Singapore gets its First Bitcoin ATM
According to Businessweek, a few days after Mt. Gox shut down amid crisis; Tembusu Terminals Pte has installed Singapore’s first Bitcoin ATM. The ATM was set up at a bar called “the Spiffy Dapper” in the Boat Quay district.
Tembusu has said that it’s in talks with other merchants who accept Bitcoin about setting up its ATMs in their locations. Singapore’s finance minister had said that its central bank does not accept Bitcoin as legal tender and has warned people against using the digital currency. Six days after this statement, Tembusu decided to make the announcement that they are installing ATMs.
Details of the Singapore Bitcoin ATM
According to the statement, Singapore’s Bitcoin ATM can perhaps offer cash dispensing and has pretty spiffy, but also invasive features. Thumb-print and identity scanning can possibly become a part of the ATM in addition to local anti-money laundering requirements.
John Lim, an external spokesperson for the Association of Banks in Singapore said as much that the association was aware, there aren’t any Bitcoin ATMs in the city. In addition, Bitcoin is not regulated by the Monetary Authority of Singapore (MAS). However, the organization has been warning people and companies to be careful about dealing with digital currencies. Finance Minister Tharman Shanmugaratnam said in Parliament on February 21 that MAS has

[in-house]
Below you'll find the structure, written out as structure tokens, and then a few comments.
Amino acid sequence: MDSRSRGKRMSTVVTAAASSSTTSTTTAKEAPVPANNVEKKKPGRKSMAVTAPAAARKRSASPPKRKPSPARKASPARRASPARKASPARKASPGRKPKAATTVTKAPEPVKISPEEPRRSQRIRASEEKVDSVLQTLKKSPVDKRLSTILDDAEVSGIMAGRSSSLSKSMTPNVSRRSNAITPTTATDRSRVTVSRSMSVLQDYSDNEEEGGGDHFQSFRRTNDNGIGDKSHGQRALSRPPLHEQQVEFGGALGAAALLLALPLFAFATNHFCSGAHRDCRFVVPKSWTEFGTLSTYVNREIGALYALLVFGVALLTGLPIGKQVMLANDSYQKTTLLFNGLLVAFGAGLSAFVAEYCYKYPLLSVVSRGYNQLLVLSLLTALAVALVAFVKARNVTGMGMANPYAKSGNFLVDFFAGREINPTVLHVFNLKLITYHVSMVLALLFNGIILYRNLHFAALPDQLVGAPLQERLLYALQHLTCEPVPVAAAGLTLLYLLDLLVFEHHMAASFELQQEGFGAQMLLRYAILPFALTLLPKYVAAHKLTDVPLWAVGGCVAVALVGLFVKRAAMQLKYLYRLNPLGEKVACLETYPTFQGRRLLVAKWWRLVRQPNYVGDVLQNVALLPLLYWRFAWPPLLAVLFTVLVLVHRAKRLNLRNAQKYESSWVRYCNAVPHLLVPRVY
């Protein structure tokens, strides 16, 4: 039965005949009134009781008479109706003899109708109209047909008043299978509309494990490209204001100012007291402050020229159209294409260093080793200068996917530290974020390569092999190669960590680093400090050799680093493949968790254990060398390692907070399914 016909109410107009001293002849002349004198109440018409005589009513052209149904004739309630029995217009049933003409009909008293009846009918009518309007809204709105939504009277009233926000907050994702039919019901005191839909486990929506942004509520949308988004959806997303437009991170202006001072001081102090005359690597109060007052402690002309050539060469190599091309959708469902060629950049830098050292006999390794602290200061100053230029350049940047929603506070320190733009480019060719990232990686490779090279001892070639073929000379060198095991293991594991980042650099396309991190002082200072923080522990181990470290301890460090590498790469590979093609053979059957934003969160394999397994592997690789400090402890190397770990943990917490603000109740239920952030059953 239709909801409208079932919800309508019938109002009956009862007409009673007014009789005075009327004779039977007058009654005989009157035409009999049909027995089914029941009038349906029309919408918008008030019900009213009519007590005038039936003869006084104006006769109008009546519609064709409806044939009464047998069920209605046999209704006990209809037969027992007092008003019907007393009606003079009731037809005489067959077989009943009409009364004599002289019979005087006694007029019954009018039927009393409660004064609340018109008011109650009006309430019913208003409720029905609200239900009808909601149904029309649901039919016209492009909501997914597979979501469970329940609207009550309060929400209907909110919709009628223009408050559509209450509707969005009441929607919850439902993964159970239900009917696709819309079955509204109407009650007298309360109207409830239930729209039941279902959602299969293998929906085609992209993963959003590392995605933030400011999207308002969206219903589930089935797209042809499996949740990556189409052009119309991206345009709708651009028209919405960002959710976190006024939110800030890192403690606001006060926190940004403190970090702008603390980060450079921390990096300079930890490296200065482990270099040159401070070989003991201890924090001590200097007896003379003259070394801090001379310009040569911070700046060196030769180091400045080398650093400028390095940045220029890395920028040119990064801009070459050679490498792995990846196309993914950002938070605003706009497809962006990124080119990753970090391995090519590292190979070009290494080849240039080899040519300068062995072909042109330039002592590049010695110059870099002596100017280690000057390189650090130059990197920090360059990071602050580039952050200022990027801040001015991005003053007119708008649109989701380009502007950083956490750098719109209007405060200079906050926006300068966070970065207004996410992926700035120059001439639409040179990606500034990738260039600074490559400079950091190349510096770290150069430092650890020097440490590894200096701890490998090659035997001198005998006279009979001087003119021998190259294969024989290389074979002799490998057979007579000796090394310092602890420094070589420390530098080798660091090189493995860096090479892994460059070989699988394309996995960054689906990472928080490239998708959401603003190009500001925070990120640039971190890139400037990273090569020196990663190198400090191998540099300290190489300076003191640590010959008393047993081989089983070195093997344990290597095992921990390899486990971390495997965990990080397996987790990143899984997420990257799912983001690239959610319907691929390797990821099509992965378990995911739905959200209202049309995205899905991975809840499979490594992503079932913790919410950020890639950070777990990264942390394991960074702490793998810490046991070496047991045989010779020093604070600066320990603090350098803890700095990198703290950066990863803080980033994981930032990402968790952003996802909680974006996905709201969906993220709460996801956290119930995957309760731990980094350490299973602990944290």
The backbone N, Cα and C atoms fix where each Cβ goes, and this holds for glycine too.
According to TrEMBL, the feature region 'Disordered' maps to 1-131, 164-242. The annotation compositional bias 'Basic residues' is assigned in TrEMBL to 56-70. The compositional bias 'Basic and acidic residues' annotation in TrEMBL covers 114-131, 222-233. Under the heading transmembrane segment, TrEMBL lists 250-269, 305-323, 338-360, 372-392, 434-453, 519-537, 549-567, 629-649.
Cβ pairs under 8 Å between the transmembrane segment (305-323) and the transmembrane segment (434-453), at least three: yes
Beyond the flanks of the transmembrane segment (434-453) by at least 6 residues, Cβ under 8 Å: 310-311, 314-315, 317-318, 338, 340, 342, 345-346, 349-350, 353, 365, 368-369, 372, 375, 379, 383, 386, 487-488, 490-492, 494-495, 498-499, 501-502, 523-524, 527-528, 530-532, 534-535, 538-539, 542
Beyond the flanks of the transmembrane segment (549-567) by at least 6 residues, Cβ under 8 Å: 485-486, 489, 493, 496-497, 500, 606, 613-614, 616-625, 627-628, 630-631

“Been advising individuals and businesses to think twice and be cautious about accepting or dealing in virtual currencies.”
Singapore’s Bitcoin ATM has launched today alongside Hong Kong-based ANXBTC’s ATM. ANXBTC’s ATM will be the first store in the city that will allow people to buy bitcoins in person.
Tembusu’s chief technical officer, Andras Kristof, said,
“I am sure all of us would agree that it has been an exciting, and some would even say trying, past few weeks for Bitcoin users worldwide.”
Yes, it definitely has been an exciting week, especially with Mt. Gox’s demise and call for bankruptcy. Kristof called this ordeal a “roller-coaster ride”, similar to how Bobby Lee of BTC China called Bitcoin a “wild ride.”
Mt. Gox, the world’s ex-largest Bitcoin exchange went offline on February 25 after a series of unfortunate and miscalculated events. In fact, Mt. Gox has allegedly lost 750,000 of its customers’ bitcoins, which are worth around $420 million currently, and 100,000 of its own. This was apparently the result of theft that “went unnoticed for several years.” Mt. Gox still has a remaining debt of $63.6 million and has filed for bankruptcy protection.
Regardless of Mt. Gox’s demise, the fact that Tembusu has installed the first Bitcoin ATM in Singapore is good news. It shows that the demand for Bitcoin is resilient. Even if it stumbles along the way, Bitcoin has the chance of ending up victorious.
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